Sometimes, it’s all about choosing where to eat. On this particular day in 2012, I was deciding between a couple of places on the Duke University campus, with just enough time between Board of Trustee sessions to grab a bite. Fortuitously, I elected to grab a bagel in a venue in the student union where the president and vice president of The Duke Endowment (this is the Duke family endowment…not Duke University’s) also happened to be eating. At their invitation, I joined them where we engaged in a fascinating and, what would eventually become a significant, conversation about the status of students’ mental health.

The leadership of the Duke Endowment had apparently been following the news of rising suicides, greater expression of vulnerability and declining overall mental health of students and wondered to what I attributed all of this. I shared my thoughts which included concerns about over-protective parents, over-scheduled children, excessive use of technology and social media, overwhelming and global news dissemination, persistent and pronounced hate incidents, and more. In response to questions of solutions to this crisis, I offered vague but unclear ideas about population-level, preventative interventions rather than simply relying on more counselors and other forms of distress response efforts. We began focusing on resiliency-building techniques rather than disease response approaches.

Larry Moneta, EdD
Larry Moneta, EdD

At the urging of my luncheon colleagues, I began to develop a proposal for a research study that would lead to the development of population-level interventions to strengthen students’ resiliency. Over the course of that year, this idea germinated into a multi-million-dollar proposal that involved nearly 20 faculty and administrators, engaged four colleges and universities, and focused on tracking the undergraduate class of 2018 through their entire collegiate experience. The Student Resilience and Well-Being Project collected data on more than 6,600 variables across 11 waves of data collection from more than 2,000 students.

Unfortunately, just as our efforts to summarize and disseminate our findings were about to happen, the Covid crisis hit, and all attention was justifiably diverted to addressing that pernicious situation. Ironically and alarmingly, the post-Covid conditions on college and university campuses make this work even more important and valuable. According to the American Psychological Association:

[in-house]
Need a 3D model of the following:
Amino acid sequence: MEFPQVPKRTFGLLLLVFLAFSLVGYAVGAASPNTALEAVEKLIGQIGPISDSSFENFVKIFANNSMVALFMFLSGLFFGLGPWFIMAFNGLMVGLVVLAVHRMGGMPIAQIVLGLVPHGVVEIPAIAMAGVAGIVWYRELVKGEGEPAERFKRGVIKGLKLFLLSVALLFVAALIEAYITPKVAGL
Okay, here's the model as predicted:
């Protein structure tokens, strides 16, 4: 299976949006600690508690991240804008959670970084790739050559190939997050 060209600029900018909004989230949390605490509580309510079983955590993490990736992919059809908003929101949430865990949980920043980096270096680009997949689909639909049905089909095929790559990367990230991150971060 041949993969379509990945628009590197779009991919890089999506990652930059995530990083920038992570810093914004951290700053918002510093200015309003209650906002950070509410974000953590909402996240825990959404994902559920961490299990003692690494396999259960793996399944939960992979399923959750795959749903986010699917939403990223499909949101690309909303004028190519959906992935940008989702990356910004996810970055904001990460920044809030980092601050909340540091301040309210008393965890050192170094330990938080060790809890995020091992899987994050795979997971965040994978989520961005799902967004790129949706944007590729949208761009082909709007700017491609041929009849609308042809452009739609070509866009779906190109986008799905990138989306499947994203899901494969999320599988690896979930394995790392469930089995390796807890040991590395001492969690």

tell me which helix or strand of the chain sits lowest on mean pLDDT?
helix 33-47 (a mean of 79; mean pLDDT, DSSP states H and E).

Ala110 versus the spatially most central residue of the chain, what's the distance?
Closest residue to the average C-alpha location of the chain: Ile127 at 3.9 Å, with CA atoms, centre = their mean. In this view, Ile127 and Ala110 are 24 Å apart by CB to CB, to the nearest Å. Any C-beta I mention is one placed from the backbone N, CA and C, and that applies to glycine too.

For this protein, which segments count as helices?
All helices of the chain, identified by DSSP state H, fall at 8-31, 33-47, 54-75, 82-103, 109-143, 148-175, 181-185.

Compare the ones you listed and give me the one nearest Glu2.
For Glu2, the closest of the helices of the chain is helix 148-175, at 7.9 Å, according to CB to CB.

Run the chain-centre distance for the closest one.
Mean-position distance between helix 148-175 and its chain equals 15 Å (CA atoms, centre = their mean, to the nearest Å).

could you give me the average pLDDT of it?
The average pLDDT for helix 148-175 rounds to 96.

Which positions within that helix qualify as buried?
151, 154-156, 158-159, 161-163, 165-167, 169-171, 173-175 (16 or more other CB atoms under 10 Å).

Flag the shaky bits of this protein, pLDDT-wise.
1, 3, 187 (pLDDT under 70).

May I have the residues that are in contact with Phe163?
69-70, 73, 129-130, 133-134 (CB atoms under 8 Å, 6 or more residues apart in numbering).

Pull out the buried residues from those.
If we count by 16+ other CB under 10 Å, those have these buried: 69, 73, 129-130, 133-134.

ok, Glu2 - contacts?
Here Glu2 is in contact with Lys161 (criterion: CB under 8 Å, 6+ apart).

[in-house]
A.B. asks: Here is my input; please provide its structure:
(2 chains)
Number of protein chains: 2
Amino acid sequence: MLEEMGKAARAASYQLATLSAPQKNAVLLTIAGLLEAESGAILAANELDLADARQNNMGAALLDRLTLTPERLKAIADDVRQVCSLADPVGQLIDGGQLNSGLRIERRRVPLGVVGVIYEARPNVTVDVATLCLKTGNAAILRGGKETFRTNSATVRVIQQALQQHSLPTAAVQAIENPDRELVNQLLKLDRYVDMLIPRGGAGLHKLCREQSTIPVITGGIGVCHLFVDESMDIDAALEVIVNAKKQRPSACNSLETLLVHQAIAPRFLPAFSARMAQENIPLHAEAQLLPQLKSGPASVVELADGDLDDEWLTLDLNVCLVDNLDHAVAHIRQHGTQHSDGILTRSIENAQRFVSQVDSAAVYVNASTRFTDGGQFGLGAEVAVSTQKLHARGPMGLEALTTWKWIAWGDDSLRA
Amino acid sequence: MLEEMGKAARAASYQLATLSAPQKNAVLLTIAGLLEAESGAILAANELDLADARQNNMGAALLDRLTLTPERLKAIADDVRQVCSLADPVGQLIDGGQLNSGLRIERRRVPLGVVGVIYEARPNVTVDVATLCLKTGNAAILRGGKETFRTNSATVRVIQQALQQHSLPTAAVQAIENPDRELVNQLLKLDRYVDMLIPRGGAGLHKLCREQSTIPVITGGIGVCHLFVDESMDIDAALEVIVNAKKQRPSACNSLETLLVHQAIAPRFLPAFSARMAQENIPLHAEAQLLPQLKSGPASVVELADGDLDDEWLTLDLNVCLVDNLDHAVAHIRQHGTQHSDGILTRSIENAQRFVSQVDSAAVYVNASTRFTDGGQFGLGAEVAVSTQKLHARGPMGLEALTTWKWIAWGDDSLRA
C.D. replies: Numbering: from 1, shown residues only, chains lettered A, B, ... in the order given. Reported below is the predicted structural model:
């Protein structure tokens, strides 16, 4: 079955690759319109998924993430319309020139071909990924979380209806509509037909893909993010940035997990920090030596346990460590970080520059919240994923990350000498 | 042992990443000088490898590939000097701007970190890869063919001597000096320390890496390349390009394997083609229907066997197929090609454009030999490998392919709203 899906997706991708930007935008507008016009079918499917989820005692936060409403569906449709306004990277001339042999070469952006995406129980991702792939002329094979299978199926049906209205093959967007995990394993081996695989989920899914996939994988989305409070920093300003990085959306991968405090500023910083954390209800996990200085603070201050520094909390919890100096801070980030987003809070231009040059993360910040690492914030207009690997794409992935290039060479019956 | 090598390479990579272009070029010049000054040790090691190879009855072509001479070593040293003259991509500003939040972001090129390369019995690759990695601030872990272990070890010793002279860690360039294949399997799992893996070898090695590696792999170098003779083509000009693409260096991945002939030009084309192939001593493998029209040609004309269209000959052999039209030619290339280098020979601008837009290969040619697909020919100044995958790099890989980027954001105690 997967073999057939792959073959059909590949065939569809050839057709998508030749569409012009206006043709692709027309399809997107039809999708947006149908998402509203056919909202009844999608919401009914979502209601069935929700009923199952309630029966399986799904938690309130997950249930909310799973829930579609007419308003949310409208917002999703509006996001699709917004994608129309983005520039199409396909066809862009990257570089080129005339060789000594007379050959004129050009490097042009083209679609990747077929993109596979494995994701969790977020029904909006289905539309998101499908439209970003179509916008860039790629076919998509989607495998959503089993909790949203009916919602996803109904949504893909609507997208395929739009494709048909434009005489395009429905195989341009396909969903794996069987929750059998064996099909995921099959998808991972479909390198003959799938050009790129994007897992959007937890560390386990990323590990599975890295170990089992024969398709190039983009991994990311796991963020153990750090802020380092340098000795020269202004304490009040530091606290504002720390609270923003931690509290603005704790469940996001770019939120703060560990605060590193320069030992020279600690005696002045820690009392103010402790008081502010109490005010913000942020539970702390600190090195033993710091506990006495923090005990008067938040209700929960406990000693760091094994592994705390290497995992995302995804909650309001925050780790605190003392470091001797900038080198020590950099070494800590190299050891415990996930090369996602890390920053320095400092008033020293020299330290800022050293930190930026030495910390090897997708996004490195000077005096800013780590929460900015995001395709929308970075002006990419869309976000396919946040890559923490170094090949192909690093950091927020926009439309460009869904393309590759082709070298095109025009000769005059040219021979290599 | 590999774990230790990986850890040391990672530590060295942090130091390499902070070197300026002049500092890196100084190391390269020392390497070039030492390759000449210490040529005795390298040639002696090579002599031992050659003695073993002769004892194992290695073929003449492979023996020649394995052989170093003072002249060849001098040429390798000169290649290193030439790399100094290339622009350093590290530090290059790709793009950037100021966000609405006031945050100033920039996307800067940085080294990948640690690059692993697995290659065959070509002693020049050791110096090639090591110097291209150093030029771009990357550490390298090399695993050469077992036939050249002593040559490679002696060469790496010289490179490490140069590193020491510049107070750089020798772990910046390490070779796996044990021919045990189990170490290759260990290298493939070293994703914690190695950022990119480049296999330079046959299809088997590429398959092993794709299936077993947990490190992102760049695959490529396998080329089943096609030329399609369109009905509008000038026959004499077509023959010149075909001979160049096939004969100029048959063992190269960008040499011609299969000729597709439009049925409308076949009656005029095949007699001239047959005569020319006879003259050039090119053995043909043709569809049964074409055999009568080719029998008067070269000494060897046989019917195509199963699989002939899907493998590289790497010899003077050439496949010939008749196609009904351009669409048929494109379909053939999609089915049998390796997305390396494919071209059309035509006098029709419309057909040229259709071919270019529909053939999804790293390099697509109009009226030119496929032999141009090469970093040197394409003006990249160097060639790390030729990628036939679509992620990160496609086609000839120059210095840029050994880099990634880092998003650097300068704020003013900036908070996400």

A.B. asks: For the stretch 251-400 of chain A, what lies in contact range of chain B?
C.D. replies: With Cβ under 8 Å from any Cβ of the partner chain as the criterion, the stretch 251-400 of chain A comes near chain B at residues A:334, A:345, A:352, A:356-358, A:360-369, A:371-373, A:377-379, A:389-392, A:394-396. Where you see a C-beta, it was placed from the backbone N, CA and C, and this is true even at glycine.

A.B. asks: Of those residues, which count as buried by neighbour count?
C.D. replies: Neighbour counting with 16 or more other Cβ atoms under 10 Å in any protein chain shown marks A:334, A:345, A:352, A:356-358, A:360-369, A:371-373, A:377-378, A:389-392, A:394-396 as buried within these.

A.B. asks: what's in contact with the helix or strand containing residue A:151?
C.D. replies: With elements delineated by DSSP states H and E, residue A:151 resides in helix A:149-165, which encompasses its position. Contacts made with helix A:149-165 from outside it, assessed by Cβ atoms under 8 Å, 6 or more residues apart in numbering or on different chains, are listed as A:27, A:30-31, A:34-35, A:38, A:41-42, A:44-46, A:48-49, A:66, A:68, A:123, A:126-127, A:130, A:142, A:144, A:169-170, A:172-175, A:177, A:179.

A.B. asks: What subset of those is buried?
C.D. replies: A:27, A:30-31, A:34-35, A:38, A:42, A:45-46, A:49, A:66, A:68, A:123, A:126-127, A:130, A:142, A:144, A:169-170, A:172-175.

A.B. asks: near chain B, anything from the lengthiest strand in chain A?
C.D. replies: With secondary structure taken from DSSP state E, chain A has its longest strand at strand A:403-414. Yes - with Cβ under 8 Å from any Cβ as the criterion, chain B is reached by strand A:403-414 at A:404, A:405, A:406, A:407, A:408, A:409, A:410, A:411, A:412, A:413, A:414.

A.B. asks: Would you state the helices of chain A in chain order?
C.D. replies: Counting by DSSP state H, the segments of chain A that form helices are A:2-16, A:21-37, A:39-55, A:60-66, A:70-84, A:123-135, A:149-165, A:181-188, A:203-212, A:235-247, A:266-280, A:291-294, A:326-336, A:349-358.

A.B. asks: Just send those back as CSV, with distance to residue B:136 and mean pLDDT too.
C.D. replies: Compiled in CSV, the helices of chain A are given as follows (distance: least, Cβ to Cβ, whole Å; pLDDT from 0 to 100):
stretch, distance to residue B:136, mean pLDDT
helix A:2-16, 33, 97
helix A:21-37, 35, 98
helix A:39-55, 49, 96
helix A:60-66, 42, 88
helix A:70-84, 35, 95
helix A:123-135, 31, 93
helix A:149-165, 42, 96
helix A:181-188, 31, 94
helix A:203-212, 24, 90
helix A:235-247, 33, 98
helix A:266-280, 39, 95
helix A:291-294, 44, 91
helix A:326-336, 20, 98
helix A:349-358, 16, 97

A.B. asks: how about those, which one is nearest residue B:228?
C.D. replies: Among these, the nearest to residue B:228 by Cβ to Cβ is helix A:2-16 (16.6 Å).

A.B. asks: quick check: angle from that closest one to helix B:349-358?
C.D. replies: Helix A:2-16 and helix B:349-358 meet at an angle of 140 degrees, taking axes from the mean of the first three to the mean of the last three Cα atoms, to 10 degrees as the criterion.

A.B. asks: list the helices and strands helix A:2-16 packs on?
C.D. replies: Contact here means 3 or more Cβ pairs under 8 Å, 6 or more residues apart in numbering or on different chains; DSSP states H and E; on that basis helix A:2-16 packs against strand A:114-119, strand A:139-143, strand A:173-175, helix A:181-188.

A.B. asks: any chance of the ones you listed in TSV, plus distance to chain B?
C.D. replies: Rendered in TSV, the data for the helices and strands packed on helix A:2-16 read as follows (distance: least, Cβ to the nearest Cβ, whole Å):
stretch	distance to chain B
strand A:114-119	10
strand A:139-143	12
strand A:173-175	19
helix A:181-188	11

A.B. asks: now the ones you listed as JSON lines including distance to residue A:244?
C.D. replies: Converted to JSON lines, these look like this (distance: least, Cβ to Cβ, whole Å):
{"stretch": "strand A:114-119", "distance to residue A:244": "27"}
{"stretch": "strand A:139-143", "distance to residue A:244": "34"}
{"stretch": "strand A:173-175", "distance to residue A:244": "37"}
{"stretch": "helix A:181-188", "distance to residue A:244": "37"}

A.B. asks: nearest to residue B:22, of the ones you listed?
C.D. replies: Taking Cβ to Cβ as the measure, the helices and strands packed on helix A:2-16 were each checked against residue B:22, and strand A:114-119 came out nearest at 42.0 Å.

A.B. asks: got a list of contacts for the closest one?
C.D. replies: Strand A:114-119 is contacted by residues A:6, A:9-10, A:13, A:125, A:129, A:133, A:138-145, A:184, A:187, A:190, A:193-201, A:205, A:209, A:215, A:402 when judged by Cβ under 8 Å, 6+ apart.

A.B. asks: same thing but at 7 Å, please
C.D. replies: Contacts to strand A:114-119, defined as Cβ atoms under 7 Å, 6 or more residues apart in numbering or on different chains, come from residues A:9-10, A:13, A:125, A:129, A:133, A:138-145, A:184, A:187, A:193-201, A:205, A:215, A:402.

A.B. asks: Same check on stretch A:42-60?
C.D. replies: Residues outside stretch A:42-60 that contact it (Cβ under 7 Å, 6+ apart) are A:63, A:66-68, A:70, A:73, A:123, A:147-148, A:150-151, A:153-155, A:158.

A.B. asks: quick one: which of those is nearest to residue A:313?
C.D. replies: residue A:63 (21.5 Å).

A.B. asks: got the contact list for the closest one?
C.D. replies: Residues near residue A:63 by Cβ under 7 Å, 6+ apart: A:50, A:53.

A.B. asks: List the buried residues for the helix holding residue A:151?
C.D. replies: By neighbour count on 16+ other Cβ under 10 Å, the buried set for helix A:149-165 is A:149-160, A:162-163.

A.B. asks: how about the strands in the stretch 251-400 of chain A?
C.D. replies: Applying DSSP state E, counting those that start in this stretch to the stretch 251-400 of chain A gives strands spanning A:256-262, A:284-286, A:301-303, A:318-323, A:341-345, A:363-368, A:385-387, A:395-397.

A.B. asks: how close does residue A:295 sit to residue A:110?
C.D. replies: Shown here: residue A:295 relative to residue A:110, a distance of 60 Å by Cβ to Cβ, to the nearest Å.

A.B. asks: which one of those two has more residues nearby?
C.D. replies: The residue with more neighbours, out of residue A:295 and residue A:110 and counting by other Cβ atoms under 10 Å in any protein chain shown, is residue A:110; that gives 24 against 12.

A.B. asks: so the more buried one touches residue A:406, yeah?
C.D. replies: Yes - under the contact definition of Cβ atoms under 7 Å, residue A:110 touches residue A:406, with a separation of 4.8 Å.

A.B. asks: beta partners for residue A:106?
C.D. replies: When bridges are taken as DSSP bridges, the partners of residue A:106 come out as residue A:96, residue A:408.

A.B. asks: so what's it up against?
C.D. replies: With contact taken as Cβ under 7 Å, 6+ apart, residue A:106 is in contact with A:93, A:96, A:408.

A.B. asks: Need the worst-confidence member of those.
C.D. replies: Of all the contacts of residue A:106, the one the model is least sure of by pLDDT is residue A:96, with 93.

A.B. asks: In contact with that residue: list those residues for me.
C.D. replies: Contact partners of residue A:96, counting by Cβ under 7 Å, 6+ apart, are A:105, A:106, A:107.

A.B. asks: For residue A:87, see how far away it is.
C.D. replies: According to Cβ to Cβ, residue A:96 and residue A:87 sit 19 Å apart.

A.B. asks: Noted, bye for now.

“By nearly every metric, student mental health is worsening. During the 2020–2021 school year, more than 60% of college students met the criteria for at least one mental health problem, according to the Healthy Minds Study, which collects data from 373 campuses nationwide (Lipson, S. K., et al., Journal of Affective Disorders, Vol. 306, 2022). In another national survey, almost three quarters of students reported moderate or severe psychological distress (National College Health Assessment, American College Health Association, 2021).”

The article goes on to identify a variety of approaches campuses are taking to address this issue. Unfortunately, most efforts seem more reactive than proactive, requiring more and more precious resources which have begun to dwindle as Covid emergency relief funds dissipate.

In the years since the completion of our Resiliency and Well-Being Study, many of the faculty and staff associated with the project have retired or moved on to other roles and assignments. I retired in 2019 but remain active as a consultant and teacher and have been involved with various approaches to virtual and campus-based healthcare. It seems clear to me that the outcomes of our study and the key areas of intervention identified by the study are more important than ever.

The study identified four key foundations of resilience as noted in this graphic.

The Duke Endowment publication notes several initiatives that were launched towards the end of the study period, based on preliminary findings that confirmed the influence of these four focal areas. But, years and the impact of Covid have passed since that time, and a fresh look at potential interventions guided by these findings is warranted. In the rest of this article, I want to offer my thoughts, as someone with 50 years of collegiate student support experience, on further ways to address the campus mental health crisis based on our findings.

Self-Control (Self-Regulation)

Can colleges really teach or even modestly influence students’ self-control? Vulnerability to negative influences seems well-established by high school age, so the challenge to campuses is to reverse a years-long period of social conformity and group-think mentality. We’ve struggled with students’ alcohol consumption and substance abuse for as long as I’ve been an administrator…and much longer. I do believe that campuses have made a difference but can do much more to establish a culture with reduced peer pressures and reduced willingness by students to conform to destructive behaviors.

"Being resilient doesn’t mean never failing."